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Powerless or Powerful?

June 15, 2021

He got up, rebuked the wind and said to the waves, ‘Quiet! Be still!’ Then the wind died down and it was completely calm. . . they were terrified and asked each other, Who is this?  Even the wind and waves obey him!’” Mark 4:41.

As I write this on June 15, 2021, many of the restrictions imposed in California expire today, and we are beginning a gradual return to normalcy.  

Much of the power over all aspects of our daily lives that we in America took for granted was taken away from us summarily last year due to the extremely contagious nature of Covid-19, and the fear that there would not be enough hospital beds or ventilators for those infected with the virus.  The federal government closed the border for a time and imposed travel and other restrictions, as did most state governments on businesses and churches.  

We were shuttered in our homes for two weeks to “slow the spread,” that turned into two months, then into over a year.  We couldn’t gather with family members or friends outside of our own household.  We couldn’t go to church, get a haircut, eat in a restaurant, or go to the gym.  Birthday, wedding, anniversary, and graduation celebrations were cancelled as were holiday and vacation travel plans.  People hoarded toilet paper, paper towels, and hand sanitizer.  We scrubbed our hands until they were chapped. It was unreal at times.  

For months, we felt powerless to make decisions over even the smallest details of our everyday lives.   

The Pew Research Center recently reported that nearly three in ten American adults said that the pandemic boosted their faith.  And no wonder.  The powerless look to plug into the ultimate source of power.  People of faith derive power from God–the eternal Super Power.  By the power of the Holy Spirit, this blog was read in over 50 countries in the past year, including in many countries whose governments restrict their citizens’ freedoms as a matter of ongoing policy. 

Next Sunday’s Scripture texts[1] describe the power God. In addition to his many other attributes, God is present everywhere, he knows everything, and he is all-powerful.  Our texts describe the application of God’s power through the ages as well as his power as expressed through Jesus and now through the Spirit living within us.  But in addition to describing our powerful God, the texts give us some insight into how we can tap into that power.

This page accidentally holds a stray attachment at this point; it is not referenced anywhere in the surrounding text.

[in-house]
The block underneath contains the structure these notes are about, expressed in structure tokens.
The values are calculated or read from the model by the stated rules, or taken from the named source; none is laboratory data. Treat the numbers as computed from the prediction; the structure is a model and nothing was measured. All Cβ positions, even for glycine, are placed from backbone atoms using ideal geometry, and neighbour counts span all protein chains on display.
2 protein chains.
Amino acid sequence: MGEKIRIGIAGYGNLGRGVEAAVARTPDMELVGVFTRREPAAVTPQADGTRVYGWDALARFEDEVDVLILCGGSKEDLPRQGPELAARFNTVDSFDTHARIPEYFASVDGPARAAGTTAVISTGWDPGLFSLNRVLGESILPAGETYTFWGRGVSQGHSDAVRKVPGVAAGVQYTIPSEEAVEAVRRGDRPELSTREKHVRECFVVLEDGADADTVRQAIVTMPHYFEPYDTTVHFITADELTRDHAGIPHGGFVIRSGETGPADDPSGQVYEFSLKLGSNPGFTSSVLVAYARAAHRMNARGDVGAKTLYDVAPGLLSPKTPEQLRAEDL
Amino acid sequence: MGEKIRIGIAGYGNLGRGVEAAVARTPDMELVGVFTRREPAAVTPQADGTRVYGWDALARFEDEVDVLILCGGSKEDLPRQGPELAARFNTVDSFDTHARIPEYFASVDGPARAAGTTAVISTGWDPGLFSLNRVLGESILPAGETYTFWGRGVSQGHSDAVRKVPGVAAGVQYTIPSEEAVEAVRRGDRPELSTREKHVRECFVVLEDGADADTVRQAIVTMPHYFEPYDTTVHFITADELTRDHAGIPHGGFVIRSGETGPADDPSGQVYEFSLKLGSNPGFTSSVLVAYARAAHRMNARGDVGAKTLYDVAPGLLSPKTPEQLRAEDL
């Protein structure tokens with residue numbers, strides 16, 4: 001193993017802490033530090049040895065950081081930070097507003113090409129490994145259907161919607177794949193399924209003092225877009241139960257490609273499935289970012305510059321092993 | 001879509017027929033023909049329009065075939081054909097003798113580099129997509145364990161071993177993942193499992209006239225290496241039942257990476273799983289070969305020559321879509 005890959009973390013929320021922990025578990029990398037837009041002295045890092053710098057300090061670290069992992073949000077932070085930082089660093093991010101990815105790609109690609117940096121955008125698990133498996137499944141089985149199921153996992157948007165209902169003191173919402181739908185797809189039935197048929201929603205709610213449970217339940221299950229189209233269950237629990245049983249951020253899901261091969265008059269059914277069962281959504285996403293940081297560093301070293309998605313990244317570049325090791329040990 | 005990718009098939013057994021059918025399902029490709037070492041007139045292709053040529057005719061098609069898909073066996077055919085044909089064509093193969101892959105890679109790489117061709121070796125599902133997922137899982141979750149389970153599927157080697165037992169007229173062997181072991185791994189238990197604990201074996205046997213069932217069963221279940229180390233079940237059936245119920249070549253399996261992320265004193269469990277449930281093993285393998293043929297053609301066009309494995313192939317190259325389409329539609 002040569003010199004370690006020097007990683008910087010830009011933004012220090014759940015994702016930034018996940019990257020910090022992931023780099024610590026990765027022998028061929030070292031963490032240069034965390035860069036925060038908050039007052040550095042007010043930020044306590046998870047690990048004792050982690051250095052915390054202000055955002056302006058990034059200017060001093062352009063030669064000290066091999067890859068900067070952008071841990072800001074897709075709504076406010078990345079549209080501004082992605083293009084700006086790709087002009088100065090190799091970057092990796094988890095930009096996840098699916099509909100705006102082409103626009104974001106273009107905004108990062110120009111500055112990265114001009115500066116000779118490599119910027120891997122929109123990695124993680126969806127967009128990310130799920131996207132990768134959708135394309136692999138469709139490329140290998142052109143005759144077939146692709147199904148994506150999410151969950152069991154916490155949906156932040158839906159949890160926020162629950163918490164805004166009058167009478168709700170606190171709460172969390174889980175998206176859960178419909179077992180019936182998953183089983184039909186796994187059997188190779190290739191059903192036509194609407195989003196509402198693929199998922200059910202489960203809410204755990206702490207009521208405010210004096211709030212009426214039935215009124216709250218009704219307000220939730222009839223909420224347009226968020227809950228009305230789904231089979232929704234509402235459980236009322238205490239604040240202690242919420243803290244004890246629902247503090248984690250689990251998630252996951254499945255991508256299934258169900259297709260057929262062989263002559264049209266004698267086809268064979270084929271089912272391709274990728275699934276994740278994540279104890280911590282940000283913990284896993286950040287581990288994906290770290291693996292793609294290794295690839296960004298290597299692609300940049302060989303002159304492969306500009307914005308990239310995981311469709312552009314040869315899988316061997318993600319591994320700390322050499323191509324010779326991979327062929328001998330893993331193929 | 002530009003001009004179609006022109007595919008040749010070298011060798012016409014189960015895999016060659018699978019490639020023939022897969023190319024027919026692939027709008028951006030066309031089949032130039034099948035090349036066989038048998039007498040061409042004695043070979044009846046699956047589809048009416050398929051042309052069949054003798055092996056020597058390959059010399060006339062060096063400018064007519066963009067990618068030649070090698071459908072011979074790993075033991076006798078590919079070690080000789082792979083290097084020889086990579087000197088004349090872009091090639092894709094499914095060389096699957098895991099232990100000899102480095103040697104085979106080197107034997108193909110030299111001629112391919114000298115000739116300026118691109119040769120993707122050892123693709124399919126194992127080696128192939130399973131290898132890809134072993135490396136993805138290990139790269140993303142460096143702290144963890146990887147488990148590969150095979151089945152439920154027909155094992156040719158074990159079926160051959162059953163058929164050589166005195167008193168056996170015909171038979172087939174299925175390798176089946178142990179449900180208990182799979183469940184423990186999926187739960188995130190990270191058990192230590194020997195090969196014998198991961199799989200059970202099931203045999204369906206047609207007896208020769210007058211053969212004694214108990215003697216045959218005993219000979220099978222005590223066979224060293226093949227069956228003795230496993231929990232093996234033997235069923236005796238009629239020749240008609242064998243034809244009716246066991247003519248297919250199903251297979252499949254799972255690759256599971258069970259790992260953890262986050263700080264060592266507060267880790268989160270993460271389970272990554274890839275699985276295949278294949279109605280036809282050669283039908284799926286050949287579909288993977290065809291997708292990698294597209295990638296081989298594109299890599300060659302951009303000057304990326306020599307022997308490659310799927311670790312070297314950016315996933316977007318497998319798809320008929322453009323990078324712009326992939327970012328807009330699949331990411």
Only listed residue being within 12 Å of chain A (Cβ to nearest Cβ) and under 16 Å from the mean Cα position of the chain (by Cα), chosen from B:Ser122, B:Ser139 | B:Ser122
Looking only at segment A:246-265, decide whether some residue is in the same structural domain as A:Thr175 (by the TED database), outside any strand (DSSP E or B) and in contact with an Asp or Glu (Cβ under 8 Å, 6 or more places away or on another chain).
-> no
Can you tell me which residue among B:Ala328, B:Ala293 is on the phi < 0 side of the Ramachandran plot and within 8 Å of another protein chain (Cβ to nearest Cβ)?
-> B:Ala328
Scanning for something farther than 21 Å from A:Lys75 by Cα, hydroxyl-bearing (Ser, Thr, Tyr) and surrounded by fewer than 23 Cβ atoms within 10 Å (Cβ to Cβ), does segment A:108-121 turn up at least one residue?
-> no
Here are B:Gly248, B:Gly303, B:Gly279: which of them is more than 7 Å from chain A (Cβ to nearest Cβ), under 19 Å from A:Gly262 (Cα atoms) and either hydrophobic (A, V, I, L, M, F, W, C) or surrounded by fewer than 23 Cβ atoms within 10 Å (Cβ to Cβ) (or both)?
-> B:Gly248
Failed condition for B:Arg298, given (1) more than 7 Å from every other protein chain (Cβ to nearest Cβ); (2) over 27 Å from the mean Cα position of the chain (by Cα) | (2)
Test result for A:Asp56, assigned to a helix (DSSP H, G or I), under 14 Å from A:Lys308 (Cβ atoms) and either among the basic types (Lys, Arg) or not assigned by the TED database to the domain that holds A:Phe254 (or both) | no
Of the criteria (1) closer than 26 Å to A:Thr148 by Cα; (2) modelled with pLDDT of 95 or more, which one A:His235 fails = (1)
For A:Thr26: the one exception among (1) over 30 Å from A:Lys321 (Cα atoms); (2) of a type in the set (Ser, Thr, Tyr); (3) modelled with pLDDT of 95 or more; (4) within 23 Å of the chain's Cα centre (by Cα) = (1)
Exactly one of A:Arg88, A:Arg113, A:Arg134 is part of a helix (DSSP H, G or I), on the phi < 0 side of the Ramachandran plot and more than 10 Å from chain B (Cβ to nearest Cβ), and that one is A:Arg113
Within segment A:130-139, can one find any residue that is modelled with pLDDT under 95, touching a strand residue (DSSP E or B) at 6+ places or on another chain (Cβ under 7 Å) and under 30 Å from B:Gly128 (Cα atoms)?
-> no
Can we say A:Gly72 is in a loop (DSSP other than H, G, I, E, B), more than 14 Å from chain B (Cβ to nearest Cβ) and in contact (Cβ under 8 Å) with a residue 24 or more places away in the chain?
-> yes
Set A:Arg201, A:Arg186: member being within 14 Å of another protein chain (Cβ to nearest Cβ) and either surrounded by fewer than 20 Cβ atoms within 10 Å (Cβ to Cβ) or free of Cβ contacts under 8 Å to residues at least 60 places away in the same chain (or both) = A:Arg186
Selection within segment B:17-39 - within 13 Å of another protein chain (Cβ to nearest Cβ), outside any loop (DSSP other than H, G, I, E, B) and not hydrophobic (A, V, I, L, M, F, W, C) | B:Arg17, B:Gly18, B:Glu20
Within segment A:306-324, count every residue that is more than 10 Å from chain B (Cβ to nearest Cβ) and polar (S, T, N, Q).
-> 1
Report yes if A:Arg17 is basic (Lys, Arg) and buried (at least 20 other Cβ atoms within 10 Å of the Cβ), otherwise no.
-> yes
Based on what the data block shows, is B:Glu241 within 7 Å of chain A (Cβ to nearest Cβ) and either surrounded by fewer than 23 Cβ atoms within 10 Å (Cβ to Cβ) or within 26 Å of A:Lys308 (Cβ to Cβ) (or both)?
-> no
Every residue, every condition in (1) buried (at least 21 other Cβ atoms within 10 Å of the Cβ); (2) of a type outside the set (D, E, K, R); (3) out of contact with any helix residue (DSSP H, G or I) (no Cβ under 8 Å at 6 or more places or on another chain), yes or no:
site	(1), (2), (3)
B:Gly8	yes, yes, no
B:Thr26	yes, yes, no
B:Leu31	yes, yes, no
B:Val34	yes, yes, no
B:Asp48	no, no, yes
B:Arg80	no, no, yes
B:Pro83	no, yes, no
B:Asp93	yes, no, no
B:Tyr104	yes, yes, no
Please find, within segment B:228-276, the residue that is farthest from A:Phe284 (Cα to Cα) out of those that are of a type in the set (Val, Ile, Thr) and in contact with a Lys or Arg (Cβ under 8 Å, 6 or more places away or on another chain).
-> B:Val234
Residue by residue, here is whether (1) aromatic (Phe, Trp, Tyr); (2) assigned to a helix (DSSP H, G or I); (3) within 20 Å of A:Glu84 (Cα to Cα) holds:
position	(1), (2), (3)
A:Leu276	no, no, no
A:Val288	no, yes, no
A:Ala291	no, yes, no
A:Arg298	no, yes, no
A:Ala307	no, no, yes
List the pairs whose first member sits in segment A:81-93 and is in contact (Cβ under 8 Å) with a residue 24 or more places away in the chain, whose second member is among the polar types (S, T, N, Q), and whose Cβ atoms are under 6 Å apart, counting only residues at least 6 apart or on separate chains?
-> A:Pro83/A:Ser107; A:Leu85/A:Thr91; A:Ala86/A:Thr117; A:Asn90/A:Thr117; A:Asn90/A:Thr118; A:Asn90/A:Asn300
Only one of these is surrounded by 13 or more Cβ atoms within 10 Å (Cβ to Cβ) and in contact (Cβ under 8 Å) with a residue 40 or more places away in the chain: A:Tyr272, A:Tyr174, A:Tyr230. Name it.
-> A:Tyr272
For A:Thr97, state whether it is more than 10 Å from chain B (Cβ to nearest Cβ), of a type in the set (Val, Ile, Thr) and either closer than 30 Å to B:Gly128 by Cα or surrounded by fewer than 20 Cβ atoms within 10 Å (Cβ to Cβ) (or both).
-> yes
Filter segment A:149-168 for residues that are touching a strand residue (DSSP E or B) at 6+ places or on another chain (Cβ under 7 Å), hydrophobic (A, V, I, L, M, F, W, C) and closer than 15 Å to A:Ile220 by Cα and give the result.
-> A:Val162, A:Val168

No super powers existing on earth or in our imaginations can compare or even come close to God’s real power.  God reminds Job of that when he asks him: “Where were you when I laid the earth’s foundation? . . . Have you given orders to the morning, or shown the dawn its place? . . . Have you comprehended the vast expanses of the earth? “ (Job 38:4, 12, 18).   

The Sanctus in the communion liturgy, based on Isaiah 6, speaks of God’s power: “Holy, holy, holy! Lord God of power and might: Heaven and earth are full of your glory.” 

We can see God’s power all around us in creation and are reminded that God is there for each of us.  [See my prior blog on this subject, Power Player of All Time:]

 Jesus Christ came to earth fully equipped with divine power.  But his displays of power were not for self-aggrandizement.  He wasn’t seeking to promote himself or to procure favors or wealth.  He used his powers to help the poor, the sick, and the disenfranchised.  In this week’s gospel text, he calmed the storm and the waters to ease the fears of his disciples: “He got up, rebuked the wind and said to the waves, ‘Quiet! Be still!’ Then the wind died down and it was completely calm . . . they were terrified and asked each other, Who is this?  Even the wind and waves obey him!’” Mark 4:41.